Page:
by Georgia Charter Schools Association
By Dr. Monica Henson
I am delighted to welcome you to Charter Confidential, the Georgia blog for charters by charter leaders and supporters. This vehicle is intended to generate conversation and build support for the unique and wonderful innovation known as “the charter school.”
There is no shortage of online discussion of charter schools, so the obvious question is, “Why the need for this blog?” Quite simply, this blog is an effort to provide ownership of the conversation. Most online discussion in Georgia about charter schools comes from other venues, such as the “Get Schooled” blog hosted by the Atlanta Journal & Constitution; “Peach Pundit,” operated by Tanalach Media; or the Georgia Public Policy Foundation’s blog, “The Forum.”
While there’s nothing wrong with charter discussions originating in those venues, what it has meant for several years is that some bloggers, and an awful lot of commenters, have had the opportunity to post misinformation about charter schools. Those of us who support charters have spent countless hours rebutting half-truths and non-truths that are posted in these blogs.
Starting our own blog is our effort to being directing the conversation, to publicize the good things that charter schools do, to answer questions, and to offer timely commentary on topics related to charters and charter schooling.
I am frequently asked by colleagues, the media, and the general public why I choose to work in the charter school arena. Sometimes this is accompanied by the inevitable (and incorrect) statement that “charter schools take dollars away from public schools.”
These types of statements compel me to correct them, and I will state here for the record that (1) charter schools ARE public schools and (2) in the case of a charter school authorized by the State Charter Schools Commission, like mine, or by the State Board of Education, the local districts actually make money on the deal. State charter schools don’t draw local property tax funds, so if a student in Atlanta, for example, enrolls with us in Provost Academy Georgia, the local school tax funds that student generates remain with the Atlanta Public Schools.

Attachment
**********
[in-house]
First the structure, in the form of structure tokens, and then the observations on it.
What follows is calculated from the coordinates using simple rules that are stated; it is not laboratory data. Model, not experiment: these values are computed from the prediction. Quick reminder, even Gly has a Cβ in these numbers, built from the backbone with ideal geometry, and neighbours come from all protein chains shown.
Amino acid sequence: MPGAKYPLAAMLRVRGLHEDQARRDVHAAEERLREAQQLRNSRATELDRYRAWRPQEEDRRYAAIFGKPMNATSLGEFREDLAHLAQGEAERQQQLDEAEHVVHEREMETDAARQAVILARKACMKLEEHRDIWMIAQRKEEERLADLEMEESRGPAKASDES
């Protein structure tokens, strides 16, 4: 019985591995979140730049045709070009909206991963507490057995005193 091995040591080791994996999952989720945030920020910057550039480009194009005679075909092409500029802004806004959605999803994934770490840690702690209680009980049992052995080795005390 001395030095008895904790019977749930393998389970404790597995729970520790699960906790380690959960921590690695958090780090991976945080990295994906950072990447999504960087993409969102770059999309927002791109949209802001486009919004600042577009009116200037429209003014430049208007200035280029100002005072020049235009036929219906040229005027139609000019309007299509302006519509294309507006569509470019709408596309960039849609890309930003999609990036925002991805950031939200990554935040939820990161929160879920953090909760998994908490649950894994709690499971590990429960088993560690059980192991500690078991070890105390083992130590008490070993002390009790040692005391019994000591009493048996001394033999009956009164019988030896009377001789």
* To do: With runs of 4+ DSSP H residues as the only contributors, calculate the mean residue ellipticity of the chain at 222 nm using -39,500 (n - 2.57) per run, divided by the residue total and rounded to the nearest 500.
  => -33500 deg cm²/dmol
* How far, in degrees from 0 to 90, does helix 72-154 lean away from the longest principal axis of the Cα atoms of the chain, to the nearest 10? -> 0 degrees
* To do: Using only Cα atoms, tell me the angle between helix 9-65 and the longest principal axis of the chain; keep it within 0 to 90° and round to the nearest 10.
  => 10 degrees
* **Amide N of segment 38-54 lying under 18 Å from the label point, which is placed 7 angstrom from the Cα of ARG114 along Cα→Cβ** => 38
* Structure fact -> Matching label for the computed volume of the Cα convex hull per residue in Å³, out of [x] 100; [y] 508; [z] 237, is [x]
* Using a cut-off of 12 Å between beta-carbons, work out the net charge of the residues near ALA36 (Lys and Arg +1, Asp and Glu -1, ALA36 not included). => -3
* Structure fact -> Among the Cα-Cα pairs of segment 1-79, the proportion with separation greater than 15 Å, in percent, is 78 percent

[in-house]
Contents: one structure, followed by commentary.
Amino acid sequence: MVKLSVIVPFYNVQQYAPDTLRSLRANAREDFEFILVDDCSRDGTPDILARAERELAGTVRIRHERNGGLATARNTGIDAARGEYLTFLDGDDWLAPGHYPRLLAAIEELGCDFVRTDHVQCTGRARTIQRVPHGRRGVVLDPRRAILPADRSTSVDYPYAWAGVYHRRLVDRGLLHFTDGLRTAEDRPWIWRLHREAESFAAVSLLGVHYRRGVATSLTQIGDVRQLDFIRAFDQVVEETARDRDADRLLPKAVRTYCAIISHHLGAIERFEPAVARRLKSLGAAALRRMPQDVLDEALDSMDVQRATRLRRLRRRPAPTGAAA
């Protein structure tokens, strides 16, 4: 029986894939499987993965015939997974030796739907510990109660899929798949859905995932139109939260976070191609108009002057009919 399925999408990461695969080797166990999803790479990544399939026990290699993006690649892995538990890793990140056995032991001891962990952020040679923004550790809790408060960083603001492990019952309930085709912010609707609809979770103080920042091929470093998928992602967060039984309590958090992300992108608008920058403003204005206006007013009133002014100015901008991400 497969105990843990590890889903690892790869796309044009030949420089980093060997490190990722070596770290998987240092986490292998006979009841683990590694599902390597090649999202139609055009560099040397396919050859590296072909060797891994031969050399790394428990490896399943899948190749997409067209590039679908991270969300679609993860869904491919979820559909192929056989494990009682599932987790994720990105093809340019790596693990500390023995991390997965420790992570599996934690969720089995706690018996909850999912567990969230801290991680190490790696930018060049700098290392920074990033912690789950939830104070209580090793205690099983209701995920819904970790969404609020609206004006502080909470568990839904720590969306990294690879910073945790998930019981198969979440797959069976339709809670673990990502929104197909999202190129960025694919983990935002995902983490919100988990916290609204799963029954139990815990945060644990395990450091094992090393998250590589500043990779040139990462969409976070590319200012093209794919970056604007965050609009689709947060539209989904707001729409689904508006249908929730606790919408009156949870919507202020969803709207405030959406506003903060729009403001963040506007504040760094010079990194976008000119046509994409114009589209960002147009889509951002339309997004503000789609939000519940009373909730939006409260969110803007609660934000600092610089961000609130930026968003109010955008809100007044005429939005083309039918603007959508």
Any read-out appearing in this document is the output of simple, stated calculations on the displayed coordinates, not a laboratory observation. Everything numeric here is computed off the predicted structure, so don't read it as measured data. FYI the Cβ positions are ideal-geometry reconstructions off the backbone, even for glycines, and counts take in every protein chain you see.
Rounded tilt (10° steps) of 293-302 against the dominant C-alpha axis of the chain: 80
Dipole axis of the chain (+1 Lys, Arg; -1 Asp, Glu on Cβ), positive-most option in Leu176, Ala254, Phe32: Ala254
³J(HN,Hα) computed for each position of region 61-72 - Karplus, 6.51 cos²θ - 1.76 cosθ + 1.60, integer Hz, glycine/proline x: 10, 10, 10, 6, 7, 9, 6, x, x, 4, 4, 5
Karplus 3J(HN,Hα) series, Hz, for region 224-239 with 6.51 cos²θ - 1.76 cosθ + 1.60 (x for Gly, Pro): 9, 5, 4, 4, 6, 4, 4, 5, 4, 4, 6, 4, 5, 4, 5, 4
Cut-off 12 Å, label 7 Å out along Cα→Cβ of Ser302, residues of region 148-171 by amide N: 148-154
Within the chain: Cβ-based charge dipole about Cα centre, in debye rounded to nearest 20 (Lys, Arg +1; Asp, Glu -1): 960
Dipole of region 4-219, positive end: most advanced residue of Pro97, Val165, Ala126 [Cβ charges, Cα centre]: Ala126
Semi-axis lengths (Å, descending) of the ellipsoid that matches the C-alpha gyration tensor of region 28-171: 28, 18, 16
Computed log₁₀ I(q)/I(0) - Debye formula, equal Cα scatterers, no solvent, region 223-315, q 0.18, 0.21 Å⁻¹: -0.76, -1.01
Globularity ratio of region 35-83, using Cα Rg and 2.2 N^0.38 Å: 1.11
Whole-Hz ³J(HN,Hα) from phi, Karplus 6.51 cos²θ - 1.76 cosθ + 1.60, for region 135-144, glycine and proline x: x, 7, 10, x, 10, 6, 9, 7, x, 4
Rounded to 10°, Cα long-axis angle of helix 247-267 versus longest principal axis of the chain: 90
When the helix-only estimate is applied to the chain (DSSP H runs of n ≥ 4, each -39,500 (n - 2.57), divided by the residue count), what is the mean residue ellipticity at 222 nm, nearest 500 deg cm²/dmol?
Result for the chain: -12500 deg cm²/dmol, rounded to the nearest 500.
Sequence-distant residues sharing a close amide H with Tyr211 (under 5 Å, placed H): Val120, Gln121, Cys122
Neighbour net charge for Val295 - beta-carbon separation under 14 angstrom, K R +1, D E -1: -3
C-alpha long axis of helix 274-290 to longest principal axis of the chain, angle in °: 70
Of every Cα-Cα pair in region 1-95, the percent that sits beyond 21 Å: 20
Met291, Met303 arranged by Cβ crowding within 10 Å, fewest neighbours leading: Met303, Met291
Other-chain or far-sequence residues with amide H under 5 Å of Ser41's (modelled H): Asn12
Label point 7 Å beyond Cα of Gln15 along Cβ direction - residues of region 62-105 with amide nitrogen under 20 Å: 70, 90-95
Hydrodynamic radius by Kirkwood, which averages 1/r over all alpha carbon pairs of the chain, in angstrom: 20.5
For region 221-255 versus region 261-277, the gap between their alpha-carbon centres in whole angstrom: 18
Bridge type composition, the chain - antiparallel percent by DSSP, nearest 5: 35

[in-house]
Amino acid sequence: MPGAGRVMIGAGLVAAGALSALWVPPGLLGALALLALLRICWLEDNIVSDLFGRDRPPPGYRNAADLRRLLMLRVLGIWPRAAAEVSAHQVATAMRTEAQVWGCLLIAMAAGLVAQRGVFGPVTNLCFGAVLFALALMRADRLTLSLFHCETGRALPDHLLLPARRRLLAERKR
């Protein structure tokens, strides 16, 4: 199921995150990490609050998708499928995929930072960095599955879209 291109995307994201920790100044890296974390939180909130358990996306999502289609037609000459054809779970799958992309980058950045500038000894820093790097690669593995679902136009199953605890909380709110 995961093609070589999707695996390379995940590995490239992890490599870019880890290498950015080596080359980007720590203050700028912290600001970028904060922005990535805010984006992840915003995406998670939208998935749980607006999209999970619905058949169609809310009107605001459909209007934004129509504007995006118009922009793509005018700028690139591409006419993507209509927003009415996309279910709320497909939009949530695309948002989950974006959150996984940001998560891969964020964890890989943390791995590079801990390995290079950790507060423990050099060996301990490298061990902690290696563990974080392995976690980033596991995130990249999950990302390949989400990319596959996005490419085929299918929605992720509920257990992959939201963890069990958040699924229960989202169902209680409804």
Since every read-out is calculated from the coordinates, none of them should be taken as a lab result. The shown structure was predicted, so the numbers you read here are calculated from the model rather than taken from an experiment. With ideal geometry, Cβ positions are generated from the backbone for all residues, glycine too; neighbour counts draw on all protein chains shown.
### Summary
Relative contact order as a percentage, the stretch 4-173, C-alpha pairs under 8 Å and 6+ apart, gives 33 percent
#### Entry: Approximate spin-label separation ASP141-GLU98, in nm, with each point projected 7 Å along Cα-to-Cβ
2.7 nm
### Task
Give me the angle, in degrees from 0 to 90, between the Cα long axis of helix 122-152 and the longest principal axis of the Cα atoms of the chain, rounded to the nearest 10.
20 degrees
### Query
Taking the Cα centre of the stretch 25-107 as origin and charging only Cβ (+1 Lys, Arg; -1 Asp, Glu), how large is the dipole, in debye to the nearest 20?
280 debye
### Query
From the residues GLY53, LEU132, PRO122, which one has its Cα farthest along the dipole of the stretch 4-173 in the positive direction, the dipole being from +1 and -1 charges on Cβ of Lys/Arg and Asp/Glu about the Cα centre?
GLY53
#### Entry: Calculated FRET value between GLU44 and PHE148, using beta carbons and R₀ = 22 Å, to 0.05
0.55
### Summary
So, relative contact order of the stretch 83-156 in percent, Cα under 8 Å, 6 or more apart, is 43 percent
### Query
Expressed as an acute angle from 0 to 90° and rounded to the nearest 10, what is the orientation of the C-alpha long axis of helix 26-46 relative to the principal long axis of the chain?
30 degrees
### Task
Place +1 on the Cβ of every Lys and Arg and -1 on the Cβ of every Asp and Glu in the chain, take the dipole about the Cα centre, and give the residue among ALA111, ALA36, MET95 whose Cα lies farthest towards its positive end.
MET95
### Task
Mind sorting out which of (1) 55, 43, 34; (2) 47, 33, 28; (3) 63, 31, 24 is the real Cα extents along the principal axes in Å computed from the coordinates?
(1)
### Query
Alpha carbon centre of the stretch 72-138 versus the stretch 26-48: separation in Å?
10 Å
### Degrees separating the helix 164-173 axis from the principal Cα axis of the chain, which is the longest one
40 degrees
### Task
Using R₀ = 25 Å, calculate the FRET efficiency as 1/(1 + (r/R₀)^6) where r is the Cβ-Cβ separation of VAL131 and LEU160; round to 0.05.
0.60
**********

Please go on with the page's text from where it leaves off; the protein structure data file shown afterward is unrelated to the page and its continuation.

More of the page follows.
Having set the record straight (for what seems like the thousandth time) that charter schools are public schools, I’ll get to the point of why I work in charter public schools. I spent more than two decades working in traditional district public schools, interspersed with time in charter public schools. About four years ago, I decided to make the move into online charter schooling.
My choice to work in charter schools is rooted in my experience as a district public school teacher and administrator. I am firmly of the opinion that district public schools will not make substantive positive change on a large scale from within. There will have to be a series of disruptive innovations from outside the district system in order to spur meaningful change. Before the advent of charter schools, disruptive innovation was forced on the public school system via court orders, such as Brown v. Board of Education, Topeka to integrate the schools, or by legislative action, such as the No Child Left Behind act (which actually didn’t force schools to do anything unless their state accepts federal Title I funds to educate low-income students). Charter schools are a legislatively-authorized disruptive innovation.
Please come back and read our content, which will be refreshed regularly. When we open our Comments function, register and comment on what you read. Consider writing a blog post of your own, and submit to our editorial board. Whatever you do, be part of the conversation!